In the mid-1990s, Virginia Postrel–a Forbes, Wall Street Journal and Inc. journalist, New York Times editorialist and editor of the libertarian-oriented “Reason” magazine–watched CNN’s “Crossfire” and was amused at what she saw. As Postrel, describes it, there was arch conservative Pat Buchanan and liberal environmental-alarmist author Jeremy Rifkin together, “literally across left and right on sides of the table and agreeing with each other that the American economy was too dynamic and that the government needed to step in and do something, never specifying exactly what, to curb that dynamism because it was rather disruptive and dangerous.”
Incidents like these convinced Postrel that the future would have nothing to do with traditional definitions of conservatives and liberals, Republicans and Democrats. Her 1999 book, “The Future and Its Enemies,” divides the future between two groups she calls the dynamists and the stasists.
Meet the Dynamists and the Stasists
In a phone interview, Postrel describes the dynamists as a group of individuals who want to allow for more individual exploration and experimentation, a group “looking for improvements in their own lives, in their businesses, in technologies they work with. And doing this in a very decentralized way.”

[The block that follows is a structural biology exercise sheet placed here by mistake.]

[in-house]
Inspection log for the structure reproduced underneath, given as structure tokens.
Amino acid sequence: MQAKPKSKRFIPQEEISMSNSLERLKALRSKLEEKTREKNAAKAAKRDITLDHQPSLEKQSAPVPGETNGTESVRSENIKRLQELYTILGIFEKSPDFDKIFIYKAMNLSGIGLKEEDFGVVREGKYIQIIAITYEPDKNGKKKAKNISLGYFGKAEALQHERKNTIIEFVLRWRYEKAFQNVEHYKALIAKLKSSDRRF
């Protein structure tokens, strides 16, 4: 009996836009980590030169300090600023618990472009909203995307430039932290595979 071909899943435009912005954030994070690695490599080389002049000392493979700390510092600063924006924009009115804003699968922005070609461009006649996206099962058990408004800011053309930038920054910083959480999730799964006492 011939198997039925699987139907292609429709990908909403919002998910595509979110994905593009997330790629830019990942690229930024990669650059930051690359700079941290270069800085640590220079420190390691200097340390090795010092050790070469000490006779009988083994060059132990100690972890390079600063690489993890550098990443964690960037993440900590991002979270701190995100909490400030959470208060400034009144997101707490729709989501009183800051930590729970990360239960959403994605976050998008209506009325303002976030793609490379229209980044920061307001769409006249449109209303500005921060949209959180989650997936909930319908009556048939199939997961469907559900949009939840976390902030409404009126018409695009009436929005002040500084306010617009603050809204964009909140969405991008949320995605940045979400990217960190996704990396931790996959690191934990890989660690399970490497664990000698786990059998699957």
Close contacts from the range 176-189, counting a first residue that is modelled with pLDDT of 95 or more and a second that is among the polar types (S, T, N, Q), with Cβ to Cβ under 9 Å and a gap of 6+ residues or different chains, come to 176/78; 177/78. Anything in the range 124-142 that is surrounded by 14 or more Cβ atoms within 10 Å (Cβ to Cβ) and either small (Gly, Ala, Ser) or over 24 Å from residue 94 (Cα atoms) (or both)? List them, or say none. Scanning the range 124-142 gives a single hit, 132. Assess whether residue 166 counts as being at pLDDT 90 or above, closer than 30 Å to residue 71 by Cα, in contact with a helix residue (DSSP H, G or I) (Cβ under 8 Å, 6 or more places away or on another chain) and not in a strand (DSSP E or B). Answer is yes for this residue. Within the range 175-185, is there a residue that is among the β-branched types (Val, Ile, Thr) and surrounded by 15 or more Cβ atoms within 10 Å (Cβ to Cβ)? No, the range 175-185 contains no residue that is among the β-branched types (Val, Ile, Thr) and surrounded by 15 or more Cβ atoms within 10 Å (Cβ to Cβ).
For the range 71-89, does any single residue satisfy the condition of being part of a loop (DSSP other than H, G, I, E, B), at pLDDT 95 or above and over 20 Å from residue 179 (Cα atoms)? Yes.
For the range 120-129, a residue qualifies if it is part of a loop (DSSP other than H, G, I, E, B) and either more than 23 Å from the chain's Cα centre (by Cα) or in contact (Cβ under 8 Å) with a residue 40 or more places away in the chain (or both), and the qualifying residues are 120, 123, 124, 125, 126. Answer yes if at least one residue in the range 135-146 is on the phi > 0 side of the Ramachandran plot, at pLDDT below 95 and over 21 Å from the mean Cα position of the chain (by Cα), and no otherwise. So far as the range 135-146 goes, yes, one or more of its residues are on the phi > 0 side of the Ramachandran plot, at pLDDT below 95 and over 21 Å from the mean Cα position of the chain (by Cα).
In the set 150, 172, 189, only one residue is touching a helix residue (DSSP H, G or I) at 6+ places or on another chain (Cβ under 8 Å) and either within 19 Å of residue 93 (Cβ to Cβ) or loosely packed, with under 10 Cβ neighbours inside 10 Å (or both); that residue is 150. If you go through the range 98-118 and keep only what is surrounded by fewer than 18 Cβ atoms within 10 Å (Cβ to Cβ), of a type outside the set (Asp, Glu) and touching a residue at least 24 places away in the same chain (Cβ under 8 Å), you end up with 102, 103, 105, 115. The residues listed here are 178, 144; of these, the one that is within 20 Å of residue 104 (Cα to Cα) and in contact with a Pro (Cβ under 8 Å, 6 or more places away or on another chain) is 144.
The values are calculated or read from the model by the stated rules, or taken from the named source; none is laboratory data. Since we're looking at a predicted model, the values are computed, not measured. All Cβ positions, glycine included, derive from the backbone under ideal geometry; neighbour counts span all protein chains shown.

On the other side of the equation, Postrel says, “There are a lot of people who are very uncomfortable with that choice or with that process”; uncomfortable with individuals having too much control. “And this group wants stability or control at the level of the whole society. They want some form of stasis. Some form of holding the future still.” And says Postrel, they typically want the government to do this on a national level.
In contrast, the dynamist, who seeks to be unfettered by government control, tends by definition not to be as politically active as stasists. The software writer so interested in the evolution of his programs that he is willing to explore uncharted territory, Postrel says, is a dynamist. “But you don’t necessarily take your expertise to the political world,” she says.
Naturally, like most labels, these are a broad simplification of how the world operates. Most people are comfortable with dynamic growth and exploration in some areas, but want a certain amount of stasis (usually in the form of government regulation), in others. But they allow Postrel to make her points and explore the directions she feels the nation may pursue in the 21st century. Not surprisingly, given her libertarian leanings, her money’s on the dynamists.
In his 1980 book “The Third Wave,” Alvin Toffler put the then-burgeoning high tech revolution into the context of civilization and its history. In “The Future and Its Enemies,” Postrel describes the skirmishes that may prevent or slow down that revolution, or may encourage and speed it up.
The Battle for Your Home
One battle between the stasists and dynamists occurred in January of 2000 inside the homes of everyone with a home office, where the Occupational Safety & Health Administration (OSHA) met lots of angry people who made themselves known via the Internet.